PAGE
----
TDAA has taken a bit of a back seat these last few weeks as I’ve shuffled priorities to allow for one BIG priority – moving to a new apartment and moving in with my wonderful partner.  The way I see it, moving is a lot of work and it requires….

  • 4762000_l-man-covered-by-lots-of-cardboard-boxes-moving-concept-810x540blood
  • sweat
  • tears
  • stamina
  • creativity
  • existential dread
  • money
  • time
  • friends
  • trash
  • upper body strength

need I go on?  So if you’re wondering what I’ve been up to, I bet you can imagine that I’ve been busy, but not too busy to think about systems and justice… and the justice system (go Mark Hasse for Hennepin County DA! and if you’re in MN, make sure you vote!!)

Without further ado…

img53cMy partner and I decided that in our shared apartment, we wanted to have a kosher kitchen.  There were a lot of reasons behind this (ask me if you want to learn more!) but the full story might fall outside of this blog’s purpose.  Once we made this decision, I went to work building a shopping list and a system for organizing and sharing our kitchen and apartment wishlist* and priorities (a great use of google sheets!).  We also used Pinterest to capture some decorating and organizing ideas,.

As our move-in day got closer, I doubled down on my research.  When Consumer Reports wasn’t cutting it (with detailed-enough reviews of the items we needed), I turned to America’s Test Kitchen.  For bakeware, I took their recommendations almost across the board, but for other things we needed, I corroborated their advice with other sources and my own preferences.  (For example, I WANTED a pie plate that had a rippled edge, something that they poo-pooed).

I want to leverage this research as a resource for other intrepid chefs and bakers, so I put in some extra work to make a spreadsheet that was readable, shareable, and hopefully informative.  I updated all of the links to get as close to the brand or manufacturer as possible (to make it easier to NOT auto-order from Amazon, not that other mass retailers are politically neutral.  Make the call that’s right for you however you online order stuff!)

Here it is!  The Spreadsheet Whisperer’s Kitchen Reccos and Reviews!**

*A note about the list – furnishing a kitchen is an expensive undertaking and we saved up for most of the last year to be able to do it.  There are certainly ways to do it for less $$ and definitely for (infinitely) more, or to spread it out over a longer period of time.  It’s a blessing that we had the financial resources to do this, and that’s not something that I take for granted.  Most of my choices were in the middle of what’s available, with a few special splurges and exceptions.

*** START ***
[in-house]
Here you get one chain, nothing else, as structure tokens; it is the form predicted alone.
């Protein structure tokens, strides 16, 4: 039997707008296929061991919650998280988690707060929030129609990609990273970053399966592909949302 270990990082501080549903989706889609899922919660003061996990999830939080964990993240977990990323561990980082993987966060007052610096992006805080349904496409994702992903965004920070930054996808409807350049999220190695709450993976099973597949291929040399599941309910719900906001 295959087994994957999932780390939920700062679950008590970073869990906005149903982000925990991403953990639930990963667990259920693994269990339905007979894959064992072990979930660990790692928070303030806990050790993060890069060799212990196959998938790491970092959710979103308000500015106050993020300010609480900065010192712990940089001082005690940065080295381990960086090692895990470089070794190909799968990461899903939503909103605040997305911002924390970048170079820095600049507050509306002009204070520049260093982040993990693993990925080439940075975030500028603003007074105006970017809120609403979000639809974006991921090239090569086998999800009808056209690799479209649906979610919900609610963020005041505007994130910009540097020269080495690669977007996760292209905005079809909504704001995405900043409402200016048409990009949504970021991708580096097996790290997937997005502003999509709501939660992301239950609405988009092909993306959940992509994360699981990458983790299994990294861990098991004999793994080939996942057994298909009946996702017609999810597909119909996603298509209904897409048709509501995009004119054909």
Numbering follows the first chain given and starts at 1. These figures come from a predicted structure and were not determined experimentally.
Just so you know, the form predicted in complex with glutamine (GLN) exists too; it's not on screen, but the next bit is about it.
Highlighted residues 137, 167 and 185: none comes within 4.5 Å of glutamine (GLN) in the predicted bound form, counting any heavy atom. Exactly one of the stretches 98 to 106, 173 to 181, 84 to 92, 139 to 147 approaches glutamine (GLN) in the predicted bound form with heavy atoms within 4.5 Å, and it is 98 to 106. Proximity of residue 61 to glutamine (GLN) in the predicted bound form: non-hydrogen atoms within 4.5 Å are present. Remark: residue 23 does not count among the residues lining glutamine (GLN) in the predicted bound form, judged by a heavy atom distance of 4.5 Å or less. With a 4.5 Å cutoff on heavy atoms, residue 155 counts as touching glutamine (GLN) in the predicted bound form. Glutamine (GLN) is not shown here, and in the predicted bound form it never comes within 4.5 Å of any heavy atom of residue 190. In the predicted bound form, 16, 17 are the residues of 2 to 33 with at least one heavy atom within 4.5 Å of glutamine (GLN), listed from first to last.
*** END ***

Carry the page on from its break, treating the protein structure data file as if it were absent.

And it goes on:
**None of these recommendations are sponsored!

Cooking for the week, not the weak

130805141052-eid-indonesia-food-offering-horizontal-large-galleryPretty much every Sunday (except when I’m travelling), I try to do a BIG cook-a-thon and prep breakfasts and lunches to get us most of the way through the week.  I’ve found that if I batch cook (that’s a term I learned in my cafeteria chef days!) 3 entire recipes, then we can cycle them throughout the week and have enough variety to keep me happy and enough protein to keep us energized.  Plus, that frees me up for evening activities, like organizing meetings, workouts, or relaxing.

Lately, I’ve been experimenting with a spreadsheet to help layout the weekly meal plan.  Here’s my first attempt!  I think I’ll continue to tweak it until we reach a comfortable, practical version.  We might even use the doc to help us with grocery shopping.  Time will tell 🙂  (As we like to say in the database world, systems are perfect until you introduce users!)

So what?

I will make one thing very clear… this is NOT a lifestyle blog!  I might never blog about food again (although, knowing me, I wouldn’t shake on it).  So, why am I writing about shopping and meal planning?  Because they are every day topics that we all deal with that itch my systems-loving data-brain.  Changemakers have to keep track of LOTS of information, including feeding movements, buying action supplies, discount shopping, etc.  A well designed spreadsheet can really help!  Maybe you can look at these spreadsheets and find some design inspiration.  Or food inspiration!  Take them as you will.

What else?

I’ve had some fascinating projects come up at work and outside… like:

  • Creating an email template with conditional language depending on what the recipient needs to turn in!  So instead of having 6 different templates, we can just have one that dynamically changes depending on some data inputs.  Neat, right?  You can do it in Conga or even in regular Salesforce email templates with the right fields and configuration.
  • Training two amazing novice volunteer grantwriters with the Earth Quaker Action Team!  And when it rains it pours… TWO funders came our way this week looking to partner with us in our work for a Green Jobs future.  Amazing!
  • Creating a proper folder hierarchy in Box.  In my job, we have integrated Salesforce and Box (Box is a cloud document storage solution similar to Dropbox) so that each of our records has a designated Box folder repository.  Very cool!  Except when the folders are jumbled!  We need to have a clear, consistent path from the “Root” folder down to the child-most folder.  For us that means, “Salesforce” > Organizations > [each organization has its own folder] > Opportunities [each opportunity has its own folder].  So what happens when folders or files show up in weird places, disrupting the hierarchy?  I’m finding out!  And boy, oh, boy… it’s a wild ride.

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